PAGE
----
**0:02:50** - (A): And if you want to implement this framework into your business, you will increase your customer engagement, your conversion rates, and overall, your marketing effectiveness will certainly be improved. So highly recommend you try it. So let's go dive into what exactly it is. So I've said it before and I'll say it again. Every business needs to tell a story. We as humans, since the dawn of time, have been natural storytellers.

**0:03:21** - (A): That is how our culture is built on storytelling. That is how we stick in the minds of our friends. And I mean anyone, when you are meeting up with your friend, you are sharing stories. That is how we like to communicate. And the human mind is a storytelling machine. I mean, it's how we connect with our loved ones and it's how we make sense of the world. And when stories are engaging and they really penetrate into our minds, they get past our defenses and they light us up. And that is when we remember them and we connect with them. And true engaging stories can change the course of our lives.

**0:04:03** - (A): And if you look at some of the best commercials that have ever been released, one that springs to mind is the like a Girl commercial, which you may have seen because it really I think it won awards and it went viral, but basically it's by a sanitary pad company called Always. So you're thinking, yeah, what kind of marketing is a period company going to do? But they did a great ad where they got older women when I say older women in their twenty s and thirty s and teenage girls and said, okay, we want you to run like a girl. And they ran like all silly, flapping their arms and looking all useless.

**0:04:48** - (A): And then they got younger girls under the age of ten and asked them to run like a girl. And they ran their little hearts out. And it was showing you how society makes. There's a flip that happens when kids become tweens or teenagers where they start to think society conditions them to think that girls are more useless than boys. And this ad is I mean, I'm not explaining it as well as the ad obviously delivers. It highly recommend you Google it. It's called like a Girl TV commercial by all ways, but it's super emotive and it really connects with you and pulls on your heartstrings and really makes you think about those throwaway comments that we often make.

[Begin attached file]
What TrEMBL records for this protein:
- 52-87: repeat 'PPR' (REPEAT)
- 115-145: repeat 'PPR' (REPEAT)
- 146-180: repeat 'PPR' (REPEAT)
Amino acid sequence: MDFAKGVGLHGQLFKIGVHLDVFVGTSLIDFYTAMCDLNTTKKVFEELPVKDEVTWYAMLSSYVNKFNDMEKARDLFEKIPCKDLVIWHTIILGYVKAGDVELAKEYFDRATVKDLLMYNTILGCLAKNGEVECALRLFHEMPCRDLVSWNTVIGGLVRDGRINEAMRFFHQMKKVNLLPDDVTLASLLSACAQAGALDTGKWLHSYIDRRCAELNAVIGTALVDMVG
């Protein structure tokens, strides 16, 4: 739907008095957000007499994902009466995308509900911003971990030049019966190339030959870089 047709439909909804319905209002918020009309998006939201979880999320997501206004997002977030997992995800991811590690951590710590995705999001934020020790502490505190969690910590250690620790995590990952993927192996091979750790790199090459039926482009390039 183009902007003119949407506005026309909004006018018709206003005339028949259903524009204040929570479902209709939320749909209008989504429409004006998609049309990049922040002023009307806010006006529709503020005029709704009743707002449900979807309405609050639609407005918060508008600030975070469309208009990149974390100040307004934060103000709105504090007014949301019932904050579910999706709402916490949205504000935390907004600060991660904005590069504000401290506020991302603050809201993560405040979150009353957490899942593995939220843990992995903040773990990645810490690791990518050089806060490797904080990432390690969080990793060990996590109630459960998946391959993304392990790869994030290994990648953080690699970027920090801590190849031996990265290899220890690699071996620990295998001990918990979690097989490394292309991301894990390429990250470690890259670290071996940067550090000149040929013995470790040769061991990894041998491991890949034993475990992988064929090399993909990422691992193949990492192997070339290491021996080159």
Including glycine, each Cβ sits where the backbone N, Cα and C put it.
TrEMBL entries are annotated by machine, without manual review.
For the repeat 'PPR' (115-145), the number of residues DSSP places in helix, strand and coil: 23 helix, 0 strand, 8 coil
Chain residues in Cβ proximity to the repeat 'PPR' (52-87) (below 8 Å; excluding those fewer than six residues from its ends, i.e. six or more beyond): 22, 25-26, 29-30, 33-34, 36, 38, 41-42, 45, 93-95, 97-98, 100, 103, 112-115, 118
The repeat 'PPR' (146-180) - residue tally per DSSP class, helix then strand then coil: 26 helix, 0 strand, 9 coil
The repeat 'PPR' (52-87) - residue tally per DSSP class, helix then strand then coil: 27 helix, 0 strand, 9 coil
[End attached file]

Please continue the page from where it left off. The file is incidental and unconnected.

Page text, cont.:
**0:05:35** - (A): Oh, you're throwing like a girl or you're kicking the ball like a girl. Those things, it turns those throwaway comments on their head and really makes us reflect on the speech that we use. So this is a really effective method of storytelling and shows how sexist society can be. And if you're producing a product that is only for women, then what better ad than to send a strong female empowerment message?

**0:06:07** - (A): So yeah, that is a great example of effective storytelling. And Donald Miller really is the expert in explaining how to complete this effective storytelling in his book Building a Story Brand. So the framework of story brand is this you have a character in your story who is your customer, and that customer has a problem that they need to solve. They then meet a guide, which happens to be your business, who gives them a plan, which is the solution that you're selling and calls them to action to start the buying process.

**0:06:52** - (A): And this, in turn, ends in success. I-E-A happy customer and helps them to avoid failing. So you show them the FOMO, what they would miss out on or what would happen if they didn't buy your product or service. So it's quite simple, really. It's got a beginning, a middle, and an end. The customer on this journey who has a problem, they meet you, you show them the solution and call them to action. And they end up happy and they avoid failure.

**0:07:26** - (A): That is the framework process in a nutshell. So let's dive into this a little bit more deeply to truly understand how you can create this story brand framework and implement it in your own business. So let's start off with the character of your story. Who is the customer? Now, we need to remember that the customer is the hero of your story. You are not the hero of your story. Now, this is because brands often get confused with this point, right? They often feel like they're the superhero. They're flying in to save the day.

**0:08:10** - (A): But the truth is, no one really gives two hoots about your business. Hate to break it to you. What people really care about is how you are going to help them in their business, right? So they are the hero, and you are simply guiding them on this journey to success. You are not the hero. Do not let your ego get in the way in this storytelling, okay? So your customer is the hero of your story. And if you really want to create a brand message that connects, you need to always focus on how you are here to help the hero of your story survive and thrive on their journey.